To get our app to actually do something visible besides writing to the console, we'll define a couple of new Properties, and assign our first side-effect. Which is enabling/disabling the Register button based on whether the user has entered something to both the username and fullname fields.
I'll start by defining the buttonEnabled Property:
function and(a,b) { return a && b }
buttonEnabled = usernameEntered.combine(fullnameEntered, and)
So I defined the Property by combining to props together, with the and function. The combine method works so that when eitherusernameEntered and fullnameEntered changes, the result Property will get a new value. The new value is constructed by applying the and function to the values of both props. Easy! And can be even easier:
buttonEnabled = usernameEntered.and(fullnameEntered)
This does the exact same thing as the previous one, but relies on the boolean-logic methods (andornot) included in Bacon.js.
But something's still missing. We haven't defined usernameEntered and fullnameEntered. Let's do.
function nonEmpty(x) { return x.length > 0 }
usernameEntered = username.map(nonEmpty)
fullnameEntered = fullname.map(nonEmpty)
buttonEnabled = usernameEntered.and(fullnameEntered)
So, we used the map method again. It's good to know that it's applicable to both EventStreams and Properties. And thenonEmpty function is actually already defined in the source code, so you don't actually have to redefine it.
The side-effect part is simple:
buttonEnabled.onValue(function(enabled) {
    $("#register button").attr("disabled", !enabled)
Try it! Now the button gets immediately disabled and will enabled once you type something to both the text fields. Mission accomplished!
But we can do better.
For example,
buttonEnabled.not().onValue($("#register button"), "attr", "disabled")
This relies on te fact that the onValue method, like many other Bacon.js methods, supports different sets of parameters. On of them is the above form, which can be translated as "call the attr method of the register button and use disabled as the first argument". The second argument for the attr method will be taken from the current property value.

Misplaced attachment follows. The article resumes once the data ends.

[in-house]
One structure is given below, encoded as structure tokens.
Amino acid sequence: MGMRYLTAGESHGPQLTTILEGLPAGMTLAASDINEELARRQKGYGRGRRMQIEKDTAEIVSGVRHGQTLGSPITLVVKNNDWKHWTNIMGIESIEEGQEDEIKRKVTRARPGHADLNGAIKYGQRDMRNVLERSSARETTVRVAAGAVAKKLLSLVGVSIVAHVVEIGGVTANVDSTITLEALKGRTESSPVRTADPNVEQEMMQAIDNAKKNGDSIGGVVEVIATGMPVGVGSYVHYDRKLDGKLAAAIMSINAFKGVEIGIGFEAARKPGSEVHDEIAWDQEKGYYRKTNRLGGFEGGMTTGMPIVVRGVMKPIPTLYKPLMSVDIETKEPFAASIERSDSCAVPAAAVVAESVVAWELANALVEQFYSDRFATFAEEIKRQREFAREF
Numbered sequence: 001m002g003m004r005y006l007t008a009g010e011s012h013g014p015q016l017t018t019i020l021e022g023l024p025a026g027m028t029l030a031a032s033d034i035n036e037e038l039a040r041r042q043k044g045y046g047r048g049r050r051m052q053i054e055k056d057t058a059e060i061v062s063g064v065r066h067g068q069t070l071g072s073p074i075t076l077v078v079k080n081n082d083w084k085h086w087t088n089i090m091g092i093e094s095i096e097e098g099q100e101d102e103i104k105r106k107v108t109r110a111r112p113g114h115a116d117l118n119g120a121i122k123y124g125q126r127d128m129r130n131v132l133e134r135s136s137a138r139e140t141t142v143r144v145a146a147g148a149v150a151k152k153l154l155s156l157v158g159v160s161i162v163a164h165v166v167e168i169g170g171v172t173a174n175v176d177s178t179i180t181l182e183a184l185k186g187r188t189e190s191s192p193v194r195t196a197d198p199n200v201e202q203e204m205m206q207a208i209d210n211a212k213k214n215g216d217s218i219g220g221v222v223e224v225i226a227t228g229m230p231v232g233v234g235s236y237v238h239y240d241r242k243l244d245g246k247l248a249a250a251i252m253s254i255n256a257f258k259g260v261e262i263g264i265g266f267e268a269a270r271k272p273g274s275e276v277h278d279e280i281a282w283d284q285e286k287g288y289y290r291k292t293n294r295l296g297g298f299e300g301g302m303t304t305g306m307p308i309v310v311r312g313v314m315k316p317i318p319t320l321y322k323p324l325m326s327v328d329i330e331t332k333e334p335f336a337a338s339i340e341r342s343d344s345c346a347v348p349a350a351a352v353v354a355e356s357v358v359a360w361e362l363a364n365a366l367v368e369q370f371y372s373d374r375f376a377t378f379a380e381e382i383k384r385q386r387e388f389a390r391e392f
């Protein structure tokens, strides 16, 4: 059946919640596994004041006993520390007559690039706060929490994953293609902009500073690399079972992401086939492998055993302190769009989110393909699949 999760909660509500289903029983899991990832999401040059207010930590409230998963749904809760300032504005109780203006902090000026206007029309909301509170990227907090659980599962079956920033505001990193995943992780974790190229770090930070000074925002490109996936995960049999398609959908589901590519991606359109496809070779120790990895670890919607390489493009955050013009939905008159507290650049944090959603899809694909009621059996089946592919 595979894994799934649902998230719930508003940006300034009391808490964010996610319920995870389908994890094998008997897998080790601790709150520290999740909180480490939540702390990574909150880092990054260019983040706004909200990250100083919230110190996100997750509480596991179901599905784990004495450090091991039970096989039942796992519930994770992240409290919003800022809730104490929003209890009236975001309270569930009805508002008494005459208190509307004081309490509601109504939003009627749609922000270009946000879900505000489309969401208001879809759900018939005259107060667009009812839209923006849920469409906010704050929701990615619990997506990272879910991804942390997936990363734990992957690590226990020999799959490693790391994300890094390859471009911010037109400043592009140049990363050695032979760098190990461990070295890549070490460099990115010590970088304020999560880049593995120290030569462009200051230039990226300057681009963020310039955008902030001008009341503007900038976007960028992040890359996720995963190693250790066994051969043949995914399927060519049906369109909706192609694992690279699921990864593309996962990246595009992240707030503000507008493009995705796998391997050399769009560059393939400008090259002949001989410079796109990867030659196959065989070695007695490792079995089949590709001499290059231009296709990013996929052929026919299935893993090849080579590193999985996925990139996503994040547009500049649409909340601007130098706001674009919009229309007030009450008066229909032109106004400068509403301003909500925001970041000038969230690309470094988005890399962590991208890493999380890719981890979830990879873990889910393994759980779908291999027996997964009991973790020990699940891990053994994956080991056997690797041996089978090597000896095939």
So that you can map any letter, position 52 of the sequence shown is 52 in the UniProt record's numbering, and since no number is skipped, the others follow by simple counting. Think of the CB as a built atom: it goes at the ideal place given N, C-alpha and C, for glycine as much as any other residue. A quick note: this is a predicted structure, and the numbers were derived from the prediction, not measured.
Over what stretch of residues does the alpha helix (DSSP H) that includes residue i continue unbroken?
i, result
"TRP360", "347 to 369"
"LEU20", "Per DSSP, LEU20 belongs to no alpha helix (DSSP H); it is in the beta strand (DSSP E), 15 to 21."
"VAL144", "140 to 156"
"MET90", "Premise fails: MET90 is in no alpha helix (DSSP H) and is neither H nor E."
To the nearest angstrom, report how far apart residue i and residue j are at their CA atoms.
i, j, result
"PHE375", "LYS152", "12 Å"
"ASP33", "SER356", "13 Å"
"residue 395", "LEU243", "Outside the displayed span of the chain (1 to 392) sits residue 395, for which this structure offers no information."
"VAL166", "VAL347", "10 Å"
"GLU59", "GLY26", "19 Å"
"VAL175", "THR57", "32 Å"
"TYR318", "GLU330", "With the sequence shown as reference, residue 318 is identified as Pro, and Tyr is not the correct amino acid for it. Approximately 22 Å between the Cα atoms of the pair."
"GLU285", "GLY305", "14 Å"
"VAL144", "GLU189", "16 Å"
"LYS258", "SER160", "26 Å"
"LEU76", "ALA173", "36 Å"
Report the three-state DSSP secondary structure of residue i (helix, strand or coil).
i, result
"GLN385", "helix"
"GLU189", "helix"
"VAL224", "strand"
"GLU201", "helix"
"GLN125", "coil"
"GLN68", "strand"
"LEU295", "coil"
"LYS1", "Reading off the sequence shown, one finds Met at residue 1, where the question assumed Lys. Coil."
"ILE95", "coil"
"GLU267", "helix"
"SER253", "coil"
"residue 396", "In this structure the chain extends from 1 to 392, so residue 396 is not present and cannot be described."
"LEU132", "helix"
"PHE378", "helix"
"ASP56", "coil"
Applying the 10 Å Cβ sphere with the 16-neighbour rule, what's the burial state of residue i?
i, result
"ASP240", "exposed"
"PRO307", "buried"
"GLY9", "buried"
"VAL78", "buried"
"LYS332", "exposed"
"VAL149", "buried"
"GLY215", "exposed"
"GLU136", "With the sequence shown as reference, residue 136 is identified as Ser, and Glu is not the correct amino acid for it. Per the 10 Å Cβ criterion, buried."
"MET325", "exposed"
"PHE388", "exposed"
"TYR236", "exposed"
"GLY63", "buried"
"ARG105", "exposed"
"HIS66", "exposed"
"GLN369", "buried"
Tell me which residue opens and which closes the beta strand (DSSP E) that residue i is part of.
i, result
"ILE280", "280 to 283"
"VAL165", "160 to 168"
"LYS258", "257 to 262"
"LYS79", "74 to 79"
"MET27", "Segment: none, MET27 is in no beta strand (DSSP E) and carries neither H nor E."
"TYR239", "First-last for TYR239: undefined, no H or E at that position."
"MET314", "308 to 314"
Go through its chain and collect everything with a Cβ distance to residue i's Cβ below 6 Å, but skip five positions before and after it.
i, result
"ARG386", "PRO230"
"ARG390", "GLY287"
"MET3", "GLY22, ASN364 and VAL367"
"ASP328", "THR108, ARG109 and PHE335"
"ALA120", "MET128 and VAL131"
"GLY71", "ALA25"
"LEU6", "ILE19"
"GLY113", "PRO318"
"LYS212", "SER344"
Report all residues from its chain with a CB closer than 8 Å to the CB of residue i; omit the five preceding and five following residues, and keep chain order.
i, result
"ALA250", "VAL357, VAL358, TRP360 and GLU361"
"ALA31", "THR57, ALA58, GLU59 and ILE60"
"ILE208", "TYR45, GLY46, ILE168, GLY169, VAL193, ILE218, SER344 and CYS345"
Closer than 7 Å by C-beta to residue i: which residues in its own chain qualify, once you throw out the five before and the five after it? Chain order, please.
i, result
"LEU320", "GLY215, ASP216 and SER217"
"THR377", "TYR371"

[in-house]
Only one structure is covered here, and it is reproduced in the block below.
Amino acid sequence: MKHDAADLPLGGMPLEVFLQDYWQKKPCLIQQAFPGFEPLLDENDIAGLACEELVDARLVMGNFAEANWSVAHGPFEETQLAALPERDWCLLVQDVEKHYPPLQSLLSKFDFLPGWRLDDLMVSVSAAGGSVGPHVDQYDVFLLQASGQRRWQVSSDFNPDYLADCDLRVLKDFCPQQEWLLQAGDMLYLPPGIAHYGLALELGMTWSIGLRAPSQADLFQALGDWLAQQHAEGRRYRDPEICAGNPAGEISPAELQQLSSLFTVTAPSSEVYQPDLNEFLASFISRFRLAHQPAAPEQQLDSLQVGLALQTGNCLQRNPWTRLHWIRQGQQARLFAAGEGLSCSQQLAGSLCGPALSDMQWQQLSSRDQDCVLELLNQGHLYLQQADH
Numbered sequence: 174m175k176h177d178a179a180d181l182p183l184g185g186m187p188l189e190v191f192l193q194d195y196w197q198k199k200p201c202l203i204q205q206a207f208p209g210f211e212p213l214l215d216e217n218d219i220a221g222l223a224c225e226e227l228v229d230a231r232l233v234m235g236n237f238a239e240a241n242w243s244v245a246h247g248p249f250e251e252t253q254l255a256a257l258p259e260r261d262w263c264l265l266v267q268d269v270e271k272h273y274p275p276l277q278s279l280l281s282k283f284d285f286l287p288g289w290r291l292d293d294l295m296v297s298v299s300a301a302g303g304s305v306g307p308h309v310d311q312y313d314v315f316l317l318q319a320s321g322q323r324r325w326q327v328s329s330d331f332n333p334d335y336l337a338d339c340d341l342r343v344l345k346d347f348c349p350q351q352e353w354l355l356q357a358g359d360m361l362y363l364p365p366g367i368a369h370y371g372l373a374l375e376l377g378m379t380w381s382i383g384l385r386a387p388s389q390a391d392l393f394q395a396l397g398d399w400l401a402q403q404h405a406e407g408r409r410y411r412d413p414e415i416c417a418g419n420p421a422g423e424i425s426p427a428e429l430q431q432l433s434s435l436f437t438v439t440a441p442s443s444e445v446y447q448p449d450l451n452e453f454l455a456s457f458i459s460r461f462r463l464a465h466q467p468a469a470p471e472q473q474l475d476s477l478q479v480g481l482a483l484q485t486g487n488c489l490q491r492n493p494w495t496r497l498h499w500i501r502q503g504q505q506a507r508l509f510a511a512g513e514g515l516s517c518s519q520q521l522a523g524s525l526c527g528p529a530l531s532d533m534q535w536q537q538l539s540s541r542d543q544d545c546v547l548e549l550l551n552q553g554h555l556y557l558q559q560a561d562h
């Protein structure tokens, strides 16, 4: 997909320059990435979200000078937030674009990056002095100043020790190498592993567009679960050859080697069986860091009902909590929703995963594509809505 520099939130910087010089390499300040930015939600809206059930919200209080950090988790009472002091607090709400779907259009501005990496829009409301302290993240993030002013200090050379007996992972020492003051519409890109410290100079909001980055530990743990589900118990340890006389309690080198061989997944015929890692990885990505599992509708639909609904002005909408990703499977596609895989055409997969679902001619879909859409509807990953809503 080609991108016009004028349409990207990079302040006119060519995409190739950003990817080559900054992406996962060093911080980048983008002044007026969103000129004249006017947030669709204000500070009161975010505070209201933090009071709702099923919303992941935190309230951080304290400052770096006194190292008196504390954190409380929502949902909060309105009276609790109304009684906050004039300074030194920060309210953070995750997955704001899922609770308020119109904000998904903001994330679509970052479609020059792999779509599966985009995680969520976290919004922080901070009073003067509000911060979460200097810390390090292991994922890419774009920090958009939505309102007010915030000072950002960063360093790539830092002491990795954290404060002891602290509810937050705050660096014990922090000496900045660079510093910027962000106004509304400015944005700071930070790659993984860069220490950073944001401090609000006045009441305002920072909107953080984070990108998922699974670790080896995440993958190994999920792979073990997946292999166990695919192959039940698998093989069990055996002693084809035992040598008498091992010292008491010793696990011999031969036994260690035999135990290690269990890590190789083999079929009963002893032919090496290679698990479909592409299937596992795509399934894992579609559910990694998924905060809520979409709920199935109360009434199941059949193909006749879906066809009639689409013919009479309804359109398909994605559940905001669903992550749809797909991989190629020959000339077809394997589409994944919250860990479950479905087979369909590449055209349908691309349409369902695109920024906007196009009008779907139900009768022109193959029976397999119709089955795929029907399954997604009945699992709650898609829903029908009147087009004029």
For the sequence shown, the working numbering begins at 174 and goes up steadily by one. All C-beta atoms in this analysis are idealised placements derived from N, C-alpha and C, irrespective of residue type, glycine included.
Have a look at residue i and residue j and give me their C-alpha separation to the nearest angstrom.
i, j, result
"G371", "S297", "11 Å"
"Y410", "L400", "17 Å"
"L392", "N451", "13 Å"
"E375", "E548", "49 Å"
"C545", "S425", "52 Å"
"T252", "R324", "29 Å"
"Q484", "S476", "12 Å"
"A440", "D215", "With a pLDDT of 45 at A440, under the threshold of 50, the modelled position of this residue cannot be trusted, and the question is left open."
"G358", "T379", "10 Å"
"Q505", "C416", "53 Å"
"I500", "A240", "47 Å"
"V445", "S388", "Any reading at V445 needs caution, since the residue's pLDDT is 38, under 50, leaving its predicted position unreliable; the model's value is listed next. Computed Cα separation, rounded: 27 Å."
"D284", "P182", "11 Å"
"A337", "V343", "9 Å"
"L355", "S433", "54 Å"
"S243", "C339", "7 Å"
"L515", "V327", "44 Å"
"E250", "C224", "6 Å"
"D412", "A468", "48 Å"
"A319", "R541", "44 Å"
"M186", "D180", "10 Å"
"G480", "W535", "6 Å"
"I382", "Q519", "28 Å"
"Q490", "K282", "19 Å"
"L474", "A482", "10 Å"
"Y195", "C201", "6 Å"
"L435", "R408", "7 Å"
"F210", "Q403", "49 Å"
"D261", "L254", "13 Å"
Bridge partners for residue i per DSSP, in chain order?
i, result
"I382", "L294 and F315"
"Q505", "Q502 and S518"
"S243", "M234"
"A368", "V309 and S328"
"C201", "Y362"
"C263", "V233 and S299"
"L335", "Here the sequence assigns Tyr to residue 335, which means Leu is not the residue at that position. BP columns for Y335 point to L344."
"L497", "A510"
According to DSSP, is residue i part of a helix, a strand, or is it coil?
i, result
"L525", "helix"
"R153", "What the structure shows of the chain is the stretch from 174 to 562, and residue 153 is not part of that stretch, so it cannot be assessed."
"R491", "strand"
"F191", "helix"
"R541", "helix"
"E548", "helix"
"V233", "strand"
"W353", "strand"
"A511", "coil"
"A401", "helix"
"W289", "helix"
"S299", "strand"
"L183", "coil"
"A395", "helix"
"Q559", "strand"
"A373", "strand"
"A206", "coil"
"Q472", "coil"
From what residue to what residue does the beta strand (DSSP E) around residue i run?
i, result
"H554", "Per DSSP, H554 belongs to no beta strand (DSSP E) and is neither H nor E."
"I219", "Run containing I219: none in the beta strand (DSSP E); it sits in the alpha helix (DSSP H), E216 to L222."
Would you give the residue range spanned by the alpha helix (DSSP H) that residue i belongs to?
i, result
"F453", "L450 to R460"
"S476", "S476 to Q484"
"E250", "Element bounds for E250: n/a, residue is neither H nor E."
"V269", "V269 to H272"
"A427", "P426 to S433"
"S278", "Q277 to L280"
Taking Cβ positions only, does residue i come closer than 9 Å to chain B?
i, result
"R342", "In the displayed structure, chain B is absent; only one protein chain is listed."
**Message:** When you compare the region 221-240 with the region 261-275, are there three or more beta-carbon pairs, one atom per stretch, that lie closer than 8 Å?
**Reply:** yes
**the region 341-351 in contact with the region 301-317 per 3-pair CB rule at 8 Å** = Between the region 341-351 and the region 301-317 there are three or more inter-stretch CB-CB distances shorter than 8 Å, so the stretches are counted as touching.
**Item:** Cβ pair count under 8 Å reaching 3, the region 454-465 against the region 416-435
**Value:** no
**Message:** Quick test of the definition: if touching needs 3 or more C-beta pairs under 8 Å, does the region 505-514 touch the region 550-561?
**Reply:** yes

You could also do the same by
buttonEnabled.assign(setEnabled, registerButton)
Now we rely on the setEnabled function that's defined in our source code, as well as registerButton. The above can be translated to "call the setEnabled function and use registerButton as the first argument".
So, with some Bacon magic, we eliminated the extra anonymous function and improved readability. Om nom nom.
And that's it for now. We'll do AJAX soon.


  1. Actually, the last version of disabling contains a bug: since the negation of `enabled` is done inside setEnabled, the not() causes incorrect behavior.

    This is correct:

    buttonEnabled.assign(setEnabled, registerButton)

  2. Oops! I fixed it.

    Also, published the result after Tutorial Part II:


  3. Unrelated to the Bacon. In Chrome the content table on the right jumping 1 pixel up and down instantly.

  4. @sasha not entirely unrelated - having event cycles and jumping content is one hazard of FRP to be aware of ;)

  5. It strikes me as odd that in the following code snippet:
    function textFieldValue(textField) {
    function value() { return textField.val() }
    return textField.asEventStream("keyup").map(value).toProperty(value())

    You pass a parameterless function (i.e. value) as an argument to map. I am no JavaScript expert but I know that in some languages (i.e. Scheme for example) this would not be allowed because map expects a function of the type (a->b) as an argument whereas the value function in this example is of type ( -> b).

    Could you elaborate on this?
    Thank you.

    1. That's a Javascript thing. If I'm not mistaken, it's really a dynamically-typed language thing. You can define/re-define function signatures dynamically.

    2. That's a Javascript thing. If I'm not mistaken, it's really a dynamically-typed language thing. You can define/re-define function signatures dynamically.

  6. This comment has been removed by the author.

  7. Janne's correction to the
    buttonEnabled.assign(setEnabled, registerButton)
    code is still incorrect on the official BaconJS tut page:

    I'm also confused with the section that reads "Now we rely on the setEnabled function that's defined in our source code" ...

    Where is that defined? It seems like its the first time it was even mentioned. So is this just assuming that the dev would define that as a function? or is this a help function in Bacon.... sorry, when I learn things for the first time, it's hard to to take things quite literally.

  8. So... I've read this series of blog posts, the baconjs api, the FAQ, and... I still can't find the difference between a Stream and a Property.

    Some libraries (I'm thinking highlandjs in particular) treat everything as a stream. I'm guessing that "Properties" just hide boilerplate code from users.

  9. So... I've read this series of blog posts, the baconjs api, the FAQ, and... I still can't find the difference between a Stream and a Property.

    Some libraries (I'm thinking highlandjs in particular) treat everything as a stream. I'm guessing that "Properties" just hide boilerplate code from users.